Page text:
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Bee Modules


If you worked with XcooBee, you known that the XcooBee workflow is organized around bees. Bees can work alone or in hives to accomplish tasks. However, the paradigm is far more extensible.  Each Bee is a self-contained micro-service module. These service modules can be written by any developer willing to learn the module patterns.

Currently bee modules can be written in JavaScript running in a NodeJS environment. We support NodeJS 8.10. We are working towards making this available in C#, Java, and Python in later phases of XcooBee.

After your code is complete and tested you can submit your repository to us by contacting developers@ xcoobee.com. This process is manual at this point so please bear with us.


The Bee Module Life-cycle

Your code in essence will act as an independent node module (agent or plugin) which we at XcooBee refer to as bee. Bees run in a restricted environment with limitation on time and space (memory and disk). Bees can be run in sequence, in which case the sequence of executions is referred to as flightpath. The blueprint (class) of a multitude of Bees is referred to as Hive. Bees can communicate along the flightpath using the flightprocessing data object if needed. Each bee works independently on the input file provided to produce an output file for the next bee to process. The last processed output file is what is returned to the user or designated recipient.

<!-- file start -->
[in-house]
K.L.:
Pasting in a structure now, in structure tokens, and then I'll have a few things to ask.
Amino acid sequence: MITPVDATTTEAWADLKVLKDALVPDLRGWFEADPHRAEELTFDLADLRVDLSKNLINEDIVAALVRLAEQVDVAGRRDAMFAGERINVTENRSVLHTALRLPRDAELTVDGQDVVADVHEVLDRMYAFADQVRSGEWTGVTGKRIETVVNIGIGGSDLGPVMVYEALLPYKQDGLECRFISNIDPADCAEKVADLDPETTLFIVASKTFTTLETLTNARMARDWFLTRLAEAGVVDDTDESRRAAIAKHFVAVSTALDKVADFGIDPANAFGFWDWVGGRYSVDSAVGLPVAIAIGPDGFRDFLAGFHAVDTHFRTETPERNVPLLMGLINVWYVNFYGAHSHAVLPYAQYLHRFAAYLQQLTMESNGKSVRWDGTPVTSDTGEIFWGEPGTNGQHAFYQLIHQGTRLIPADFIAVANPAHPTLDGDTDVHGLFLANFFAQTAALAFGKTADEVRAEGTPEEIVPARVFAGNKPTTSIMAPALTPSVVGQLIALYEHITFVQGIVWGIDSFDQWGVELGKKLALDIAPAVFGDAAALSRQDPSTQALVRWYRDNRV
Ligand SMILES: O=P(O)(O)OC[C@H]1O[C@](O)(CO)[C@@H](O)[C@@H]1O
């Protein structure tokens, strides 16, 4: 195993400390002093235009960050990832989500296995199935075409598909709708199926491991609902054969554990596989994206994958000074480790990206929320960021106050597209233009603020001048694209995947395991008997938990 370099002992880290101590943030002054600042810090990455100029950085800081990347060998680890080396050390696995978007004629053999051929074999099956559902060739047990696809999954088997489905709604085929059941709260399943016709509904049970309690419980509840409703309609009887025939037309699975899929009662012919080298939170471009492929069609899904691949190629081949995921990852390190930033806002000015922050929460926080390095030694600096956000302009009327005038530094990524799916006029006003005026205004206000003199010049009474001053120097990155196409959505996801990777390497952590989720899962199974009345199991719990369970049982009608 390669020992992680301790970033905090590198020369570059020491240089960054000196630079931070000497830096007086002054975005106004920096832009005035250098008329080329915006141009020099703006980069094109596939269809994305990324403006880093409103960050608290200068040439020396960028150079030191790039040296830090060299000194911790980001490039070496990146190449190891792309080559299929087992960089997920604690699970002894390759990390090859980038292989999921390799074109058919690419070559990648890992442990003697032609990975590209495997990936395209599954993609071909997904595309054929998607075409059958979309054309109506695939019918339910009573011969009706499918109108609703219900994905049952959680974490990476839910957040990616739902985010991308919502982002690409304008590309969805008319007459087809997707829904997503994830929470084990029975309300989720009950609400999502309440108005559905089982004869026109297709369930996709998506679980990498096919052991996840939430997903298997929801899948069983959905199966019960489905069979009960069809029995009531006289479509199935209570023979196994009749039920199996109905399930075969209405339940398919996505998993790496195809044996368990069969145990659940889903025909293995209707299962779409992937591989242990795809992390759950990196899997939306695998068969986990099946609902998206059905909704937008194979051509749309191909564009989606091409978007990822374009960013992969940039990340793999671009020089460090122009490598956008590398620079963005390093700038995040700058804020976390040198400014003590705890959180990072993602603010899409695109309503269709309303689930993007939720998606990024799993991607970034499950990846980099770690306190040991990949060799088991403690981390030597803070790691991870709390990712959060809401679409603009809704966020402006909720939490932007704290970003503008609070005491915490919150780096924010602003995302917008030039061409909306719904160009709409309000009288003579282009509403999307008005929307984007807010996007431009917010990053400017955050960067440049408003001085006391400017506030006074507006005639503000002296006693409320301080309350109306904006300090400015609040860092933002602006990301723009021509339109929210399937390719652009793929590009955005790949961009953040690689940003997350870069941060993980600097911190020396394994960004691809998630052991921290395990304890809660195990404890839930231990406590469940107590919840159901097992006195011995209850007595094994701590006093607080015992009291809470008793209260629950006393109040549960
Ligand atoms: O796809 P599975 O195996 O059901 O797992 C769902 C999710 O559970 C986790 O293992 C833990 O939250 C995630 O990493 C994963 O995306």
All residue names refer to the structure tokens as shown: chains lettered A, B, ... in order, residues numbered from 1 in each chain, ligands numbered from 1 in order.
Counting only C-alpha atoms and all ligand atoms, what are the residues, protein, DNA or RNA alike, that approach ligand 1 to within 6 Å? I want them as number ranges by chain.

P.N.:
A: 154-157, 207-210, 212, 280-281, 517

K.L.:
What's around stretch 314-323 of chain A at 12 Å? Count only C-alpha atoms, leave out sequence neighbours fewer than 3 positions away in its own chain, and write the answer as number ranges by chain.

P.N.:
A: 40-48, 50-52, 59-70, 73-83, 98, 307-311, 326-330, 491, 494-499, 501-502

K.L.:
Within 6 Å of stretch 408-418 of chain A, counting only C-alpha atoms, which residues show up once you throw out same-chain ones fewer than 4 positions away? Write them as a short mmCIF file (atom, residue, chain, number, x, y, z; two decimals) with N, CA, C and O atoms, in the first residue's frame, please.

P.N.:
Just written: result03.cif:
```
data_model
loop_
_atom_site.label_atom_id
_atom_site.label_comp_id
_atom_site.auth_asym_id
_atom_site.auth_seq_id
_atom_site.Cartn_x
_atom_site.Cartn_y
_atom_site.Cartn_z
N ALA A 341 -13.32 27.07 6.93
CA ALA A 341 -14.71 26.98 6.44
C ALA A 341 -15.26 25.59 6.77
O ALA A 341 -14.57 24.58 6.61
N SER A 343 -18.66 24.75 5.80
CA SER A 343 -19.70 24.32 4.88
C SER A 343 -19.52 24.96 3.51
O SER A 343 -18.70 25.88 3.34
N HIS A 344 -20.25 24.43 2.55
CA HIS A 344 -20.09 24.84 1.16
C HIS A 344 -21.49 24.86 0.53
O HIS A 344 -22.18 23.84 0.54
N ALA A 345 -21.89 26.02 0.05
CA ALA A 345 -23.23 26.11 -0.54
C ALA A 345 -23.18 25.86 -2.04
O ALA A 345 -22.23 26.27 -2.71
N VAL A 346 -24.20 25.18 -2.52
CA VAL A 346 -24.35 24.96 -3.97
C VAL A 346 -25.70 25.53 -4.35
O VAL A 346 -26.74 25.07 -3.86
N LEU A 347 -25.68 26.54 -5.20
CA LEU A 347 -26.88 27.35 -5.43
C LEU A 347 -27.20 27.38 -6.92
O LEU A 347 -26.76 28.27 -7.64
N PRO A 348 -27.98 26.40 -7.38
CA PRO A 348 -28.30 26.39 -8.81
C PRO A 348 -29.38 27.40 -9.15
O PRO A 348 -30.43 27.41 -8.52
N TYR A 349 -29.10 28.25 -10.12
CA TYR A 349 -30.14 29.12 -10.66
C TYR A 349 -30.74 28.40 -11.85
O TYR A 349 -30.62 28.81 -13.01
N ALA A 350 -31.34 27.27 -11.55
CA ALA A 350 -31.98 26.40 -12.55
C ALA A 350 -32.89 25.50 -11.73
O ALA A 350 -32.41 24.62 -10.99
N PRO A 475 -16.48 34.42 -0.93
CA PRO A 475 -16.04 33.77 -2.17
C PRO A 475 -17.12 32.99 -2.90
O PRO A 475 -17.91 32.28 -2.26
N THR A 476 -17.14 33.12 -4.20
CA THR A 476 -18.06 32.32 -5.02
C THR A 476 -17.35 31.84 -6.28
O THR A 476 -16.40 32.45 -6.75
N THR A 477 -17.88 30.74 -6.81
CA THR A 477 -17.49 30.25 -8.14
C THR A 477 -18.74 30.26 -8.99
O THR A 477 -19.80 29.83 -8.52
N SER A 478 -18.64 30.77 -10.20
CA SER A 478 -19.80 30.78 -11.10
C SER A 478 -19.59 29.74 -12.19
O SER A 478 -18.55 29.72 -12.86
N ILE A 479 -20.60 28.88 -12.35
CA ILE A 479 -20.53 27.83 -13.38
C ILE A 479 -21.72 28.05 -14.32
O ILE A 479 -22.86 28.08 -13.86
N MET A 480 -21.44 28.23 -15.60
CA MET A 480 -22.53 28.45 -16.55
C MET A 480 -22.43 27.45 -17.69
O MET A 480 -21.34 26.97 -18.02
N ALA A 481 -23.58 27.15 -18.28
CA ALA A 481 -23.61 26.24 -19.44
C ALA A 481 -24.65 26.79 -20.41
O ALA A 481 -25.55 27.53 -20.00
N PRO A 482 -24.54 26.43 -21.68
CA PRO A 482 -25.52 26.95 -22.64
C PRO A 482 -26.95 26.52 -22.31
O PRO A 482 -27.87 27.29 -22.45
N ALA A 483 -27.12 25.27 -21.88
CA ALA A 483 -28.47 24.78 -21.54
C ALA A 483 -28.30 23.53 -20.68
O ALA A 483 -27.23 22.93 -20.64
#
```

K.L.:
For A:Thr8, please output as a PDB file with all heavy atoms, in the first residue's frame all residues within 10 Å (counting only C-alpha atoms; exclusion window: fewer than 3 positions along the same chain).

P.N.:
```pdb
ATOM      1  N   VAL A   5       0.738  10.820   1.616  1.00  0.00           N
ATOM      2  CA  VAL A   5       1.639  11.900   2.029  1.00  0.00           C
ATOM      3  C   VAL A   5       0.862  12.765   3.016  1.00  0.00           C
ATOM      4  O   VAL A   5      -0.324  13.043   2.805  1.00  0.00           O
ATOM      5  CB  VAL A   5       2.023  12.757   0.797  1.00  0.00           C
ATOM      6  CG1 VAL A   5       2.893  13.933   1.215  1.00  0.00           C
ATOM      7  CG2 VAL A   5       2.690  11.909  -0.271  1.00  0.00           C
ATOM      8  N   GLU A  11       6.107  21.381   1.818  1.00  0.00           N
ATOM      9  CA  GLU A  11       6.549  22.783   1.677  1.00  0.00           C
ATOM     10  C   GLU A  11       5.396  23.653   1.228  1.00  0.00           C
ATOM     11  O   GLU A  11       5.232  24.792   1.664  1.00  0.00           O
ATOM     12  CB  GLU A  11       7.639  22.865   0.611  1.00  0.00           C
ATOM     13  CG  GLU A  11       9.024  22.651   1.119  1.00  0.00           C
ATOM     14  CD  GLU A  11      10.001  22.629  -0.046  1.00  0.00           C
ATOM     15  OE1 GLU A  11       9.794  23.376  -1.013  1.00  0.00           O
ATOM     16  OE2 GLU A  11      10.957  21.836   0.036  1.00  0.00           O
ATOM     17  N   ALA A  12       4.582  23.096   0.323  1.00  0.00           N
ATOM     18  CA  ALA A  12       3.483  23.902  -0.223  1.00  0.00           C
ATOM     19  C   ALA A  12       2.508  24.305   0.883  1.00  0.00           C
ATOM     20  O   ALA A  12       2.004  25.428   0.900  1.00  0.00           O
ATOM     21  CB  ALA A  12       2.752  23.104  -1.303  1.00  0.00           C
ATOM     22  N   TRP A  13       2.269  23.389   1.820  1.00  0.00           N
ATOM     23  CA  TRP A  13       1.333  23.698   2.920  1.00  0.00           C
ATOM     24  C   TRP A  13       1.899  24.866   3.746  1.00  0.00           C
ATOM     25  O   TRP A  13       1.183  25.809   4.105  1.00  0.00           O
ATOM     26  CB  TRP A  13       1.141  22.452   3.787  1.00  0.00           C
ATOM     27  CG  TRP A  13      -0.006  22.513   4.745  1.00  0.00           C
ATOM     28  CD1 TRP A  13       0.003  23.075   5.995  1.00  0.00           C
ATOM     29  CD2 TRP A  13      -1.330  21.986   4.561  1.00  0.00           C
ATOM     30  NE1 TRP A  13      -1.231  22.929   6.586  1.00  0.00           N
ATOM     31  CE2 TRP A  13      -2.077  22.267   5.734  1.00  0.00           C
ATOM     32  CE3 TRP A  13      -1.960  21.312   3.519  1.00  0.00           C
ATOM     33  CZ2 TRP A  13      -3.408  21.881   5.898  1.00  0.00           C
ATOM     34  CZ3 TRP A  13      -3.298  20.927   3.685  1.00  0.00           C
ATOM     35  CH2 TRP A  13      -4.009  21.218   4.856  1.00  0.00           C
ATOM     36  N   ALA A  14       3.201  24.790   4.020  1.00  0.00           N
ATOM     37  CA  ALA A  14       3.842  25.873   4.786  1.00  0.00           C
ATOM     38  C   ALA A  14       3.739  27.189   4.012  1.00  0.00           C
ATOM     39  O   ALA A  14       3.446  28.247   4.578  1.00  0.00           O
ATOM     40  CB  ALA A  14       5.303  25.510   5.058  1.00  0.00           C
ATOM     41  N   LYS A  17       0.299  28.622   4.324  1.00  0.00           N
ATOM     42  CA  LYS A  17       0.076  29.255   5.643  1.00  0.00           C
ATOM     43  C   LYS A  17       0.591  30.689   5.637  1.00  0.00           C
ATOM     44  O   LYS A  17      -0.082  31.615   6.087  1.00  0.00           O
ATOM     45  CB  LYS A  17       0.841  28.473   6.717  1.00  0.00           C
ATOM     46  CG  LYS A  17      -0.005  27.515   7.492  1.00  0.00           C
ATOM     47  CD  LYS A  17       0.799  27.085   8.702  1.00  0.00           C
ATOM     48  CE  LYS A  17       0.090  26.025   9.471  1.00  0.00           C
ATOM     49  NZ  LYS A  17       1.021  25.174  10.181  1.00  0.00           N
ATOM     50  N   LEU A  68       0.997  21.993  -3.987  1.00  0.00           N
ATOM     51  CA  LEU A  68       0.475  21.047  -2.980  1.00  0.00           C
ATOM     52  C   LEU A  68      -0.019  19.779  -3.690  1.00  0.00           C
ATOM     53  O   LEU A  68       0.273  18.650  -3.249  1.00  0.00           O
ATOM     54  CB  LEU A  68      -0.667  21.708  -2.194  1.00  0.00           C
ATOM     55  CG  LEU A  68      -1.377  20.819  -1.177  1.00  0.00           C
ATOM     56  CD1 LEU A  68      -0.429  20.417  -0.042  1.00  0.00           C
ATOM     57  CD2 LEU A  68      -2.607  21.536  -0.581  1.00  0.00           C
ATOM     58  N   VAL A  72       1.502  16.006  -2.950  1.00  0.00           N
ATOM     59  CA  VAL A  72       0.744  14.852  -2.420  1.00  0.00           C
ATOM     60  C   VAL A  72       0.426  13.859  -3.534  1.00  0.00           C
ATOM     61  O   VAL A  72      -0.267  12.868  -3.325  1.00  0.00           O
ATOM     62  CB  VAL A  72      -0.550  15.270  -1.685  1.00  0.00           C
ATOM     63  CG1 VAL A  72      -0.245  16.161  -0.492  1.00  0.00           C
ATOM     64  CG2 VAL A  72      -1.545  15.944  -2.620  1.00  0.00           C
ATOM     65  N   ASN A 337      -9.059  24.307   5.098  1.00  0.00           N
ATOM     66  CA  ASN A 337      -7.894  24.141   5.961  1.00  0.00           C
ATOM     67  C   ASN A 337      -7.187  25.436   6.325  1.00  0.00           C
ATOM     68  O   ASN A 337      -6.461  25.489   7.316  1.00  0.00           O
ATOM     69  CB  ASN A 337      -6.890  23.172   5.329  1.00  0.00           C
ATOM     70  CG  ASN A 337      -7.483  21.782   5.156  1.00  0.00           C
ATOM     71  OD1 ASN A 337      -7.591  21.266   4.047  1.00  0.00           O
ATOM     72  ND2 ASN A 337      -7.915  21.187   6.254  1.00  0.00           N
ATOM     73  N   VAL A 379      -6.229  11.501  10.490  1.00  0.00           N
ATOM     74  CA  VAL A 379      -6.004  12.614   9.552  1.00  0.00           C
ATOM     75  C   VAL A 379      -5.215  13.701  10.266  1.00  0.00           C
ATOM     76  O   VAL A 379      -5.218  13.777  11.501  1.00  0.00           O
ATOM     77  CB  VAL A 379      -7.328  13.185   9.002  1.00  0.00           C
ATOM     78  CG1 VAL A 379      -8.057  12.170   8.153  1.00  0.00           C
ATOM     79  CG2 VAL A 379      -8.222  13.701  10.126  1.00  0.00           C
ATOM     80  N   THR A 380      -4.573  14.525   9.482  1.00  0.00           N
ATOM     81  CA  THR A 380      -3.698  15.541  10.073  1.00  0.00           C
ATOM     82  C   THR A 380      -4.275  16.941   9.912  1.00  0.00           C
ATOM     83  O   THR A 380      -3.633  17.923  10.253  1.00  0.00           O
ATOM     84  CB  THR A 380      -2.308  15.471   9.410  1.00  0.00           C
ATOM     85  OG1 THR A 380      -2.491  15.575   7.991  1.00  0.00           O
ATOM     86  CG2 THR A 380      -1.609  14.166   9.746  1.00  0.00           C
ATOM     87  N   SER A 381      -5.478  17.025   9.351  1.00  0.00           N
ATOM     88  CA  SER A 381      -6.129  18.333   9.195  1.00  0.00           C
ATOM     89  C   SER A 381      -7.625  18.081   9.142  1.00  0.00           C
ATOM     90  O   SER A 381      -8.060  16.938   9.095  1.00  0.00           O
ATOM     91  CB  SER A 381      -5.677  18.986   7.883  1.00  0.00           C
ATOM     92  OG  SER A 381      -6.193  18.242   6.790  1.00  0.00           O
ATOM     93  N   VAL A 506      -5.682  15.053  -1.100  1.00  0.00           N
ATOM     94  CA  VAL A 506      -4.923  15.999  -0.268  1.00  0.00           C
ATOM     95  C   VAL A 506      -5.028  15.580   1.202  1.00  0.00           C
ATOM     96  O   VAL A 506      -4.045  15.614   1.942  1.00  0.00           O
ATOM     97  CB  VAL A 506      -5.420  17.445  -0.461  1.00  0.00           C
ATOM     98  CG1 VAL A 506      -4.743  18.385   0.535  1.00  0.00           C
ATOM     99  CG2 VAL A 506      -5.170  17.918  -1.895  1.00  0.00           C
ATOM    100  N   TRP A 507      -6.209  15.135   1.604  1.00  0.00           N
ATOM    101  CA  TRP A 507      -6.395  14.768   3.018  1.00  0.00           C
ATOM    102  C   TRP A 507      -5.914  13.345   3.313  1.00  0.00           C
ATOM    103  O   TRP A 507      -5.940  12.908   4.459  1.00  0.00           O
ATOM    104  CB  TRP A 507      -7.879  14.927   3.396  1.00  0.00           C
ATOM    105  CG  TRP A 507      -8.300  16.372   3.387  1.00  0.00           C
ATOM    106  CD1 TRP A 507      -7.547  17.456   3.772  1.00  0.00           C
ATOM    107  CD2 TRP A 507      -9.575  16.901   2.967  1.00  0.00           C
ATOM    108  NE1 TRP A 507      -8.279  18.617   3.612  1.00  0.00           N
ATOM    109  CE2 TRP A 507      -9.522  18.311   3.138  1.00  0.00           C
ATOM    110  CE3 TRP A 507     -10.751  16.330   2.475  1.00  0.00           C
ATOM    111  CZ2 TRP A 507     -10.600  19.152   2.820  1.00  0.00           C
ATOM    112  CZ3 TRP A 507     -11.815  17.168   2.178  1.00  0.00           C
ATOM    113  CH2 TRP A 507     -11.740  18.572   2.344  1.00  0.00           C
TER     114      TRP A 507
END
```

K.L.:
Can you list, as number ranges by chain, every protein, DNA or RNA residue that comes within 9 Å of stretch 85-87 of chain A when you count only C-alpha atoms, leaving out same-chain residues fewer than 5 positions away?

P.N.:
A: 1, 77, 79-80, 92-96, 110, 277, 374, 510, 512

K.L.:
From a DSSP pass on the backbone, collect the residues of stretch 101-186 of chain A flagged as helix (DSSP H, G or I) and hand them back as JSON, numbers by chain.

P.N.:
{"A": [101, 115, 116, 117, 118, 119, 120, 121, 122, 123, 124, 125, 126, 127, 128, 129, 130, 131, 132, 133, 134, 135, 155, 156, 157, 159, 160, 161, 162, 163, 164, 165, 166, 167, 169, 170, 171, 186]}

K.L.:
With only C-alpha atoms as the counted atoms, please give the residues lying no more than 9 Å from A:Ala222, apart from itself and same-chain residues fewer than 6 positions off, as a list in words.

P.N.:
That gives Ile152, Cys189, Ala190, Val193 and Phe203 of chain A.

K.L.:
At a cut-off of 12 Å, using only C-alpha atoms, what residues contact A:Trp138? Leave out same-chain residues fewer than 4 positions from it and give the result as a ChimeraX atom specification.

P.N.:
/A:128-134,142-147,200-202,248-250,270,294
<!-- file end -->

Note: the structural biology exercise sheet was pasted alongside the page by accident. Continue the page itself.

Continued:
The lifecylce consists of three steps

  • invocation
  • execution
  • shutdown


The XcooBee system will invoke the flight() method of your primary code file for your module as indicated in your module’s package.json file. It will use the following signature:

flight(services, data, callback) {


During the invocation services and data arguments are populated. They allow you to read the input file and get insight into the environment.


The execution step is left to your imagination. Anything you wish to do with the input file can be done given that you stay inside the restrictions for processing time, memory and disk-space. The current limits are

  • time:
    • small instance: 25s
    • medium instance: 140s
    • large instance: 280s
  • memory
    • small: 192 MB
    • medium: 1024 MB
    • large: 1536 MB
  • disk: 512 MB


An orderly shutdown occurs when you call the callback() function that was passed to you during invokation at the end of your processing. You can call it with either an error or success message. In case of error the XcooBee system will retry your bee two more times. If you do not complete your processing in the time allocated for your instance it is considered an unorderly shutdown. Your process will be terminated and XcooBee will handle it as an Error callback.